Relevance

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This article is a topic within the subject Court Process, Evidence and Proof.

Contents

Required Reading

Primary Material, Vol 1, Chapter 4.

Introduction

Evidence can only be admitted to court if they are relevant.  The test of relevance and the relevant principles are now governed by the Chapter 3 of the Uniform Evidence Act 1995, which are an approximation of the old common law principles.

Common law relevance

Under common law, relevance was divided into two parts: logical relevance and legal relevance.

  • Logical relevance refers to whether the evidence actually seems to have probative value – ie, is the evidence likely to affect the jury’s mind as to a fact in issue.
  • Legal relevance is a weighing exercise where the probative value of the evidence is measured against opposing considerations, such as potential to confuse, danger of wasting time, or potential of creating prejudices.
  •  Probative value is defined the UAE dictionary asthe extent to which the evidence could rationally affect the assessment of the probability of the existence of a fact in.

This was discussed in R v Stephenson:

  • Facts: the defendant was accused of driving negligently and killing the three people in the car he collided with. The defendant argued that the blood alcohol level of the three people from the other car was relevant.
  • Held:  the driver of the car was not known, and therefore the evidence was not relevant, not even if all of them were over the limit.
    • Irrelevant if its weight is so minimal that it does not serve to add or detract from the probability of the principle issue being established.

Statutory scheme

The statutory scheme reenacts the common law principles. The distinction between logical and legal relevance is maintained, but it is separated between relevance (logical) and discretion to exclude (legal). Key provisions include:

  • S 55 – key relevance provision: “The evidence that is relevant in a proceeding is evidence that, if it were accepted, could rationally affect (directly or indirectly) the assessment of the probability of the existence of a fact in issue in the proceeding.
  • Only refers to logical relevance.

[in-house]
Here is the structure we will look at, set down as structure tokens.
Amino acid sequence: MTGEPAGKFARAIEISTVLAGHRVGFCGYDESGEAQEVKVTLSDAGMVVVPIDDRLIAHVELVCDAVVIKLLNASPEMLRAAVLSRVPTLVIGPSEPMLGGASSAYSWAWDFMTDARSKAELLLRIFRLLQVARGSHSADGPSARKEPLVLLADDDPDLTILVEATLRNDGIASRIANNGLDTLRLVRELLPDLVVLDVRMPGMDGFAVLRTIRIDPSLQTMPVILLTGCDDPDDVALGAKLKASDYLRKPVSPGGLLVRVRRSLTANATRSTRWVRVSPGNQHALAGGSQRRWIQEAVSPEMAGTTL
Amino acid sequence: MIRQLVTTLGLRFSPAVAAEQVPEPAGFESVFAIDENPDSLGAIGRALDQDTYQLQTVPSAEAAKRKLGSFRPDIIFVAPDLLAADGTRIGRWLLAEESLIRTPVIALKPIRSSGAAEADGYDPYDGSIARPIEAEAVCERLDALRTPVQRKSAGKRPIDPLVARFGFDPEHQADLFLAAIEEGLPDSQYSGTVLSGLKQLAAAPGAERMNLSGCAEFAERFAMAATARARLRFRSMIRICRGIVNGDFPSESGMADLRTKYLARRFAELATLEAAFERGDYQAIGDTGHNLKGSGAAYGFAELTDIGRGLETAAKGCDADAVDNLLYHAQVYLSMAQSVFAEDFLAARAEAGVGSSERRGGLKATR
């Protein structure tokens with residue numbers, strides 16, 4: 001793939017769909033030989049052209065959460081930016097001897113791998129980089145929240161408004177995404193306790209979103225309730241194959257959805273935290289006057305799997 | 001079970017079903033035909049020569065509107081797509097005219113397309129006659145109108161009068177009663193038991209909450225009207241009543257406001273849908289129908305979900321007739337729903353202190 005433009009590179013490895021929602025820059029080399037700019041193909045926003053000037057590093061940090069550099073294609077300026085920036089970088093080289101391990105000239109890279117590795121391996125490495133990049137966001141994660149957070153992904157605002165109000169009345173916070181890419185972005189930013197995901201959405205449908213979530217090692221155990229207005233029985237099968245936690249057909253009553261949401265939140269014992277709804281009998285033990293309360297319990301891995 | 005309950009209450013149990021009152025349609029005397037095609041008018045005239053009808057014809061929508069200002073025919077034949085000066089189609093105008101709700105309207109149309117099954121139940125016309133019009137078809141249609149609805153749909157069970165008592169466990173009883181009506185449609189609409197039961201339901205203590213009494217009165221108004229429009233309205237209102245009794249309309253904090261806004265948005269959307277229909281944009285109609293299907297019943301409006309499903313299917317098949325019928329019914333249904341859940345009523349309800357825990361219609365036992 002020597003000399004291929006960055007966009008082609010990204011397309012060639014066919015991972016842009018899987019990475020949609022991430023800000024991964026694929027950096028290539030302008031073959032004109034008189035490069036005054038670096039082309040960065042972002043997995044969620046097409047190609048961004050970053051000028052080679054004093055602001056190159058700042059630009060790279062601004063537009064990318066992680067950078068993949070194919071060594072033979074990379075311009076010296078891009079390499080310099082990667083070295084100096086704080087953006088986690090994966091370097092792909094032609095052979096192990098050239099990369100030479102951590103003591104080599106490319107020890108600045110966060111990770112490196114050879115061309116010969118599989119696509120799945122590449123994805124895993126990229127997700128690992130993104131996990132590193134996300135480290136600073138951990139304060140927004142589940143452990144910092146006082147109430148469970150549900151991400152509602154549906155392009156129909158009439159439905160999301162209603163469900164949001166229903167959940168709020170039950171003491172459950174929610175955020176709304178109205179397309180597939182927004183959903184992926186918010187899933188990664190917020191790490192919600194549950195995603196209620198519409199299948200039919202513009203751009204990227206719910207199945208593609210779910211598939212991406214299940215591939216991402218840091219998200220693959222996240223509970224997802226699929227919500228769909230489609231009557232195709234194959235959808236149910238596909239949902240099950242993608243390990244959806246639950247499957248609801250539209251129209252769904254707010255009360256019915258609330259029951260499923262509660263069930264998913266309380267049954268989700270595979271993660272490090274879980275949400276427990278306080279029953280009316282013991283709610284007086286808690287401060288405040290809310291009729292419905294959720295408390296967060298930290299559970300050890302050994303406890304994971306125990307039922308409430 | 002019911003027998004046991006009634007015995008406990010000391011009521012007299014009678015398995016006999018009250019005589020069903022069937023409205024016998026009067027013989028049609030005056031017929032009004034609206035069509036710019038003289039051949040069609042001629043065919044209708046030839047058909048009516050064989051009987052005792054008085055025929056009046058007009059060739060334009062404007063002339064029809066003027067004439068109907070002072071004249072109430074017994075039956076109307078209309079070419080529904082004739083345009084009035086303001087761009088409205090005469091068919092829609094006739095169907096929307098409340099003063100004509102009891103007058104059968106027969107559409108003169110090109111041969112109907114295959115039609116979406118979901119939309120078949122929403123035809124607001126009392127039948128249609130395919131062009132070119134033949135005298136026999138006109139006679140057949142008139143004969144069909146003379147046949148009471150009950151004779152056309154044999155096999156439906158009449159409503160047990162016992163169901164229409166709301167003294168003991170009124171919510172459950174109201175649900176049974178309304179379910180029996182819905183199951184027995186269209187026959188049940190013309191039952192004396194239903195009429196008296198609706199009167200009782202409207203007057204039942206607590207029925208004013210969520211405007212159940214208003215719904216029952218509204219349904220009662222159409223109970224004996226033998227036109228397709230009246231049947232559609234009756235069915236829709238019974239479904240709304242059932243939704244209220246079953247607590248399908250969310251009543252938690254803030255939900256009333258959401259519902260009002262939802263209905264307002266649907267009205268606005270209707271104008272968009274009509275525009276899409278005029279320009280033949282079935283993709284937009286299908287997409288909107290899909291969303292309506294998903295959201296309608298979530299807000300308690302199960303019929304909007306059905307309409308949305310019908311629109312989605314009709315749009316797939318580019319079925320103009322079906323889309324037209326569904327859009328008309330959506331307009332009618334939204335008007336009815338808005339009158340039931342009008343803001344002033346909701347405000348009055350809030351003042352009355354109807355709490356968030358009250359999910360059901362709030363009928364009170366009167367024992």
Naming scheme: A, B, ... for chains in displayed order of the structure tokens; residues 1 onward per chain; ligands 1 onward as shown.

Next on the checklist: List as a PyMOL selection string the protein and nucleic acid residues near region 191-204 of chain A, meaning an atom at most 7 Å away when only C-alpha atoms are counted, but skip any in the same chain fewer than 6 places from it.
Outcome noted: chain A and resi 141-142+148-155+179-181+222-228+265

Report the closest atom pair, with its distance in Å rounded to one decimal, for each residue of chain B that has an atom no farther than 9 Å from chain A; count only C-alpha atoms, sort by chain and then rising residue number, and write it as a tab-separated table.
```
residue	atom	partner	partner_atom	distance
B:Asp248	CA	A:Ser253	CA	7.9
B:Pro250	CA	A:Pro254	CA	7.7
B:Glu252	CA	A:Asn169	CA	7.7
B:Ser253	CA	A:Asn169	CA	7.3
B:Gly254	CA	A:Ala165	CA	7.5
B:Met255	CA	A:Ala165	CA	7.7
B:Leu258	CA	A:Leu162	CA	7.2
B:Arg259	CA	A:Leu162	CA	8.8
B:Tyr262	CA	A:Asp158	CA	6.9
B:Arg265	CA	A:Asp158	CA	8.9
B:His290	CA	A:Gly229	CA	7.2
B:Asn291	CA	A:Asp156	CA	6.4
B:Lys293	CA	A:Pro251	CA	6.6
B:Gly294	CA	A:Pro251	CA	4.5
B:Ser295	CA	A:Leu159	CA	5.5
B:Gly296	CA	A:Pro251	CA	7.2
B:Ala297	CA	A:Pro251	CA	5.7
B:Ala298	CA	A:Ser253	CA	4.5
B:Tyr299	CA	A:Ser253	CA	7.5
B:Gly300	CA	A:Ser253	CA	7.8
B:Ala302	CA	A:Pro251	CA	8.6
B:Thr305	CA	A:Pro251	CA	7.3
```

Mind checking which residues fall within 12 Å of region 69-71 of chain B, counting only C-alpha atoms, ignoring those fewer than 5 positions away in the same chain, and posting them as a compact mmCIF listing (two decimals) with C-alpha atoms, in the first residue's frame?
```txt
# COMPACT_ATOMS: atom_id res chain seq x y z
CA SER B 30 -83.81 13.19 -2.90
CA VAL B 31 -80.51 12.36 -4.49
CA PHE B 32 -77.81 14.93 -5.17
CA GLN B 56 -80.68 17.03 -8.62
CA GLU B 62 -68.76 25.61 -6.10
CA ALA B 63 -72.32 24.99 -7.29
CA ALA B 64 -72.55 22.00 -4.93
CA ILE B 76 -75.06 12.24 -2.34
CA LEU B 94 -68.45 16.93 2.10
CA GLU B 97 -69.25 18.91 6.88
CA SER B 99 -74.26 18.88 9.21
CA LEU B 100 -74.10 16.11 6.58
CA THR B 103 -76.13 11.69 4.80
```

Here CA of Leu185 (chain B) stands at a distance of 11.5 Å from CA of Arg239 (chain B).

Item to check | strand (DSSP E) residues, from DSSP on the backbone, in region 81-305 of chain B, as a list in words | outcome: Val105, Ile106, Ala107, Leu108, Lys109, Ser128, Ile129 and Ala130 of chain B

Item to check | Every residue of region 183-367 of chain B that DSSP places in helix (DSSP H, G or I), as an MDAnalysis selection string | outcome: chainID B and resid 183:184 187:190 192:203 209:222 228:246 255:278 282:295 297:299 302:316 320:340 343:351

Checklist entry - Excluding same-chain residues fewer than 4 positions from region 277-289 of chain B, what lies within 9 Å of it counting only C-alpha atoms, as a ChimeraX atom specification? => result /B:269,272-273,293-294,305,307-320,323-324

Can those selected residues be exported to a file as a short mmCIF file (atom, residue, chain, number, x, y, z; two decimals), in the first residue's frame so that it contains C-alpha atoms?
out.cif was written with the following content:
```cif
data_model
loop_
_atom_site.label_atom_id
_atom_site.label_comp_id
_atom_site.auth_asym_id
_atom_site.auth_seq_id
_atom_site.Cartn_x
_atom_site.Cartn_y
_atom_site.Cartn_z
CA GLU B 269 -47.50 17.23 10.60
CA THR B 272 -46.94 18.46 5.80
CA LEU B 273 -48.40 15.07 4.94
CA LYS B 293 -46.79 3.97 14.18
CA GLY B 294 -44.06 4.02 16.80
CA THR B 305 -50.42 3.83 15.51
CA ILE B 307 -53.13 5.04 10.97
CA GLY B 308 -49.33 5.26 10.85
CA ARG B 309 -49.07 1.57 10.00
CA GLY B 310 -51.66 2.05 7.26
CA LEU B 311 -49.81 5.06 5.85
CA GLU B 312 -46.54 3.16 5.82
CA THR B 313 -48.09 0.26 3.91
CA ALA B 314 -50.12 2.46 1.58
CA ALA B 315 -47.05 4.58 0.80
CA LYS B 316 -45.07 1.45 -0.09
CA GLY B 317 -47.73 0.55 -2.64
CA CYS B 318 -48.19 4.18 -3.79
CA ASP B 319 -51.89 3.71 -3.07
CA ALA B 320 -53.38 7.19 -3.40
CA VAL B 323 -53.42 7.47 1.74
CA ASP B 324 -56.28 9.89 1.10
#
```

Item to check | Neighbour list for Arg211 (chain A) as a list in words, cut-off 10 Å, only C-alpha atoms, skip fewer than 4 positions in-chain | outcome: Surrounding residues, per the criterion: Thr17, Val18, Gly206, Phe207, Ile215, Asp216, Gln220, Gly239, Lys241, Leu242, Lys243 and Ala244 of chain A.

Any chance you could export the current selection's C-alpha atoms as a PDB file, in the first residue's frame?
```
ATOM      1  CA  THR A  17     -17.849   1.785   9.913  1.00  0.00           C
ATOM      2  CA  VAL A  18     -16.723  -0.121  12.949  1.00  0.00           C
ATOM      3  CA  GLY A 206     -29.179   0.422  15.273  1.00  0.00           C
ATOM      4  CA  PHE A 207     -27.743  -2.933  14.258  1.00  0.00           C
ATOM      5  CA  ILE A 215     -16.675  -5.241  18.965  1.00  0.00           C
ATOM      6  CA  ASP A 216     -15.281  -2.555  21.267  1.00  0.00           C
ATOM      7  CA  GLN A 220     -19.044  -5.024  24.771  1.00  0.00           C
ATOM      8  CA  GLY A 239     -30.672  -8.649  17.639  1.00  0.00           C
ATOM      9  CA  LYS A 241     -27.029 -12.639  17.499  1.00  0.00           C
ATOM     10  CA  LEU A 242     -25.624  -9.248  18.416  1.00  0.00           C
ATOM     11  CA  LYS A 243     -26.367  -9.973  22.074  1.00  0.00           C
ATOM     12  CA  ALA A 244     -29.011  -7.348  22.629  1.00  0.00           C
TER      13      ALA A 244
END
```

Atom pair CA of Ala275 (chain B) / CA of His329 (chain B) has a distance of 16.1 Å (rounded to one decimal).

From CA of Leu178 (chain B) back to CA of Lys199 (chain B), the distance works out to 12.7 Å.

• S 56 – only relevant evidence is admissible.
  • Ss 135 - 137 – discretions to exclude/limit use of evidence, mandatory exclusions of evidence.
    • This is where legal relevance comes in.

‘Fact in issue’

S 55 requires that evidence relates to a ‘fact in issue’. This is interpreted as relating to issues in the proceeding defined by substantive law and pleadings and thus would extend to facts to be proved in undefended or ex parte proceedings.

  • In a civil proceeding – factual elements of any legal cause of action or legal defence relied upon by parties.
  • In a criminal proceeding – factual elements of the charged offence and any defence.

This was discussed in Goldsmith v Sandilands:

  • ‘Fact in issue’ refers to any issues that have to be proven or are relevant if proven to a party’s case.
  • Includes material facts that provide any justification or excuse as a defence to the cause of action. 
  • Whether it is a fact in issue depends upon the pleadings.
  • Might be expressed in terms of its relationship to a fact relevant to a fact in issue… “when it is so related to that fact that, according to the ordinary course of events, either by itself or in connection with other facts, it proves or makes probable the past, present or future existence or non-existence of the other fact” – McHugh J.

‘Could rationally affect'

S 55 requires that the evidence in question "could rationally affect...".

  • 'Could' v "'Would' - this refers to a possibility as opposed to a certainty. There needs to be potential for the evidence in question to affect the juries' mind.

This was discussed in R v Smith:

  • Facts: robbery case. There was a still photograph of the robbery which depicted a man in a hat. The prosecution sought to admit evidence in the form of police officers who knew the accused and would testify that the man in the photo is him.
  • Held: the evidence could not rationally affect the mind of the juries - it doesn't tell them anything new, because they have the same ability as the officers to look at the photo, look at the accused, and make an assessment. Not relevant.
    • Evidence may have been relevant if prosecution witnesses had knowledge beyond what the jury could see for itself -eg, identifying feature such as clothing (R v Goodall, or a change of appearance between the incident and trial (R v Palmer)


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